By David T. Lewis
"I'm an adult." It's such a weird thing to say out loud. I’m currently repeating it in the dusty, smudged mirror of a portable toilet in Helsinki, Finland. A film crew outside is waiting for me to emerge so we can continue taping an episode of a reality TV show my wife and I have landed on.
I moved my family from Roseville, Minnesota to Helsinki last year for a job as a Communications Manager at the newly formed Aalto University. I wasn't fleeing anything. My wife and I both had stable jobs, a great house, happy kids. The move was, rather, a leap of faith: a romantic idea of adventure and the unknown.
But, if I’m honest with myself, the move was also something of a midlife crisis. My father had recently died, and I’d been in a dark place ever since. He was the person I looked to for clarity or guidance. I was nearing 40, with a loving family, and yet I had become rudderless and felt I was drifting off-course.
I had been trying to come to terms with all this yet no matter how profound I wanted to be, it felt so trivial. When talking about death, never in my life had something felt so un-containable, so massive, and so universal - yet so isolating. Maybe, unlike other major life events (marriage, parenthood, or masturbation), death is a secret. It's a late night step into a dark room; unable to find the language to ask for help, we are unbalanced and alone. I know this is normal. I know it ebbs and flows. I just wasn't ready for the awful and empty echo.
Unsure of how to recover, I started grappling with all those things the middle-aged do: I got hair loss pills to try to reclaim some kind of hipster man bun (I failed); I bought a skateboard and showed up at the local skate park to try to impress teenagers (more failure); I ate an entire chocolate bar of edible weed in Denver and locked myself in a hotel room for 12 hours (success?). Sadly, but not surprisingly, none of it was able to jar me from what was really an all-consuming sadness, a blanket of grey. I was, almost certainly, depressed.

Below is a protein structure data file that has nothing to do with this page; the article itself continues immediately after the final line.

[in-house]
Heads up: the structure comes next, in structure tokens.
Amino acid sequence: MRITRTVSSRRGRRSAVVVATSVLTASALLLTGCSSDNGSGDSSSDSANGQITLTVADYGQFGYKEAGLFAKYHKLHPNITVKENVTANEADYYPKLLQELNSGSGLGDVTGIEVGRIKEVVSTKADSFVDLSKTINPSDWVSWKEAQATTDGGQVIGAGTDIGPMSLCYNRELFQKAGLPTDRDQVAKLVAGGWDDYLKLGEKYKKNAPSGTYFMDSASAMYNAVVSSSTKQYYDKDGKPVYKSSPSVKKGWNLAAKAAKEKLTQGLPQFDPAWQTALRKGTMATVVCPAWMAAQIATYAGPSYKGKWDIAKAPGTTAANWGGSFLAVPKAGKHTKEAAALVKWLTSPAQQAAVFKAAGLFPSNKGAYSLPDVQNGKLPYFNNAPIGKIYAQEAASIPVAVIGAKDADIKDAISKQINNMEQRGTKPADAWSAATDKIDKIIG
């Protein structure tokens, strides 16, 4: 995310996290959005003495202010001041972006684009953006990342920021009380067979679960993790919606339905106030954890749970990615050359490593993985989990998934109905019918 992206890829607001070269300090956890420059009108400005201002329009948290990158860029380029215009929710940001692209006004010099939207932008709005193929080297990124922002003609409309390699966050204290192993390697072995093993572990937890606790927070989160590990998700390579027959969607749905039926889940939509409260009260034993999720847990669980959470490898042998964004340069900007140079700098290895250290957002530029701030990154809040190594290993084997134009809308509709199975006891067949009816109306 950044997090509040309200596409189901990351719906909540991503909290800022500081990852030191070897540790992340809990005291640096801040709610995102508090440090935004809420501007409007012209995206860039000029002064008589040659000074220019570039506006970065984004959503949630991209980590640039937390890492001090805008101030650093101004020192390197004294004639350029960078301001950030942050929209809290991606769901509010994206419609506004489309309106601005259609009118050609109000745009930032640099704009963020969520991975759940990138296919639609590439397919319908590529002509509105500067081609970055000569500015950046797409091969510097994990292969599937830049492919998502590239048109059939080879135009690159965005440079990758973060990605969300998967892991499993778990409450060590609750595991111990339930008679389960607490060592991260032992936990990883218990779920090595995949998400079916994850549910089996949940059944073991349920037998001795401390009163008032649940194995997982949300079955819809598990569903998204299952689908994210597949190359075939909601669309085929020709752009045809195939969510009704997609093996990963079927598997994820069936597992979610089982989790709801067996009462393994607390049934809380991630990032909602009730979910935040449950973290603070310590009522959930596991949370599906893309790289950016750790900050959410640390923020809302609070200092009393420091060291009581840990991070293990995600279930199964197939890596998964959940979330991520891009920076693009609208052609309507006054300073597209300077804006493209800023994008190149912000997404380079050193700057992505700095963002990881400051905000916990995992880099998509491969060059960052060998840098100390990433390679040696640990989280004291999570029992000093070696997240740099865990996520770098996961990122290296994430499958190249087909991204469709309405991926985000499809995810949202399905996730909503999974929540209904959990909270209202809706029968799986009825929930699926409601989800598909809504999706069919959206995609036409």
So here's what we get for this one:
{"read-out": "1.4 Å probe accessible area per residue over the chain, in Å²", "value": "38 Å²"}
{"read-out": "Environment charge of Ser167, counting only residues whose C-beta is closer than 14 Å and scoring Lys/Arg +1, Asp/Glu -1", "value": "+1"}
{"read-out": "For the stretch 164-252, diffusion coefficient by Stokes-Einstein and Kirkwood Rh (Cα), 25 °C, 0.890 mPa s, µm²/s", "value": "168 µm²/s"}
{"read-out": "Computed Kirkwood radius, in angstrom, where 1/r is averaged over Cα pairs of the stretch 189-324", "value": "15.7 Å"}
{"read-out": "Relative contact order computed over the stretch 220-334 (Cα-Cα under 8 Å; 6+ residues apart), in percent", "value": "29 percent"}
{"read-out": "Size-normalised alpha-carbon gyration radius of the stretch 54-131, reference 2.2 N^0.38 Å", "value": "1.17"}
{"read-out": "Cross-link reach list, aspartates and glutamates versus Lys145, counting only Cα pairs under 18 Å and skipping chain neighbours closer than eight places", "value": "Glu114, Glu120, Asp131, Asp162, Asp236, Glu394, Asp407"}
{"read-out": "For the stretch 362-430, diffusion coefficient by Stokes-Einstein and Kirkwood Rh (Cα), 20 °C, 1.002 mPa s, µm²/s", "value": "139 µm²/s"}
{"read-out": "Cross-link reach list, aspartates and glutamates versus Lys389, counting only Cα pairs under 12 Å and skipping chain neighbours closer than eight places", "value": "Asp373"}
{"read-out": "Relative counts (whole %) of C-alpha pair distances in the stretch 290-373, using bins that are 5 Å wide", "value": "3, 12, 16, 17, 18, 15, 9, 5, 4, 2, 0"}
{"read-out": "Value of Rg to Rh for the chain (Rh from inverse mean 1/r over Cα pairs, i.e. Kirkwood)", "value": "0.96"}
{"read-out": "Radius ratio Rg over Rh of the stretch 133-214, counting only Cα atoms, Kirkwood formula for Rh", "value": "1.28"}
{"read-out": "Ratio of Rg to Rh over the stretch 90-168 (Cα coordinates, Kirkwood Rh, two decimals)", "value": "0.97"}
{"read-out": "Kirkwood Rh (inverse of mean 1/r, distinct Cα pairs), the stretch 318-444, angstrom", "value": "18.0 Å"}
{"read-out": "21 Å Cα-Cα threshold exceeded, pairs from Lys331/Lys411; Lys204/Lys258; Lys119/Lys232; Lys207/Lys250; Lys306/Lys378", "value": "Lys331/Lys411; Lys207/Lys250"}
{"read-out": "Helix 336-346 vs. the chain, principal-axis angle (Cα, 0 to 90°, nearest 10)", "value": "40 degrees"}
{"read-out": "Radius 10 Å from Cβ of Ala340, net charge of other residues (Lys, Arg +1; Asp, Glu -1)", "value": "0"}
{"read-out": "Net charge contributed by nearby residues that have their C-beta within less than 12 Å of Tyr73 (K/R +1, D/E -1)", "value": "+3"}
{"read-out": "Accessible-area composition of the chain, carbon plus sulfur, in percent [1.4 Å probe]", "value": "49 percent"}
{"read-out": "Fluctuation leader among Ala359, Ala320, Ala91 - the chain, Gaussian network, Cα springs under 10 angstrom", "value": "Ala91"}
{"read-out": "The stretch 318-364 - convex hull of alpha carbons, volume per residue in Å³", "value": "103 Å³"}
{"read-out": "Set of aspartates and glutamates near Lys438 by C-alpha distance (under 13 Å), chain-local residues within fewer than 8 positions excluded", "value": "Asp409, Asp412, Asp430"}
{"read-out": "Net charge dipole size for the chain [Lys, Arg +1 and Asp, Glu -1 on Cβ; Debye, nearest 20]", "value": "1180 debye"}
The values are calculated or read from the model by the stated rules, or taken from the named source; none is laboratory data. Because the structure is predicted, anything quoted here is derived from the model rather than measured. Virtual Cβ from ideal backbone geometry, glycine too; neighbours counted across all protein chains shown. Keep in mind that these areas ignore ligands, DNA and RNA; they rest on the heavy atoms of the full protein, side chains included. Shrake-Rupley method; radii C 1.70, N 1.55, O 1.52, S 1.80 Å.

Weirdly enough, this is our second time on a reality show. The first was for a basement fix-up in 2012. We had a cool mid-century house and it was a sunnier time. I still dry-heaved between takes, but back then, it was just due to performance anxiety. Now all those TV questions seem to have taken on a new existential heft. "How do you like the living room space?" and "Are you happy with your move?" have begun to sound like "What does it all mean?" and "What legacy will you leave behind when you die?”
This is hardly the first time I've struggled with my mental health. As a teenager I had awful panic attacks. In college, on the first date with my wife, I vomited on her feet. She thought it was cute; I assured her it wasn't. I once hid in a bathroom at a New Jersey Dunkin' Donuts, unable to decide between jelly or cream-filled, whimpering, "I can't." It sounds ridiculous, but it happened. I know I can be profoundly sensitive and brittle.
Along the way, I've had success, too. I've worked at all those things you read when you Google self-care: therapy, medication, meditation. Now, no longer nearing 40 but actually there, I have coping skills and a better sense of humor. I'm less serious. At least I was until I wound up with two cameras staring me down as I do multiple takes of, "Yeah, but the cabinets are just too dark."
The irony is not lost on me: I’m pulling myself together so I can talk about how many bedrooms we'd like in our new apartment. It couldn't be more banal. Still, my alternating depression and anxiety don't seem to care as our cabinets become the focus. With so little at stake, it feels as if I have so much to lose: my composure, my purpose, my sanity.
My brain’s on a loop as I leave the bathroom and step in front of the cameras. The director asks, "So what do you think of the kitchen?" I choke back the tears and tell her, "I think it's great." She smiles and I start to wonder if I should apply to be on Survivor next year.
David T. Lewis is a Dissonance Board Member.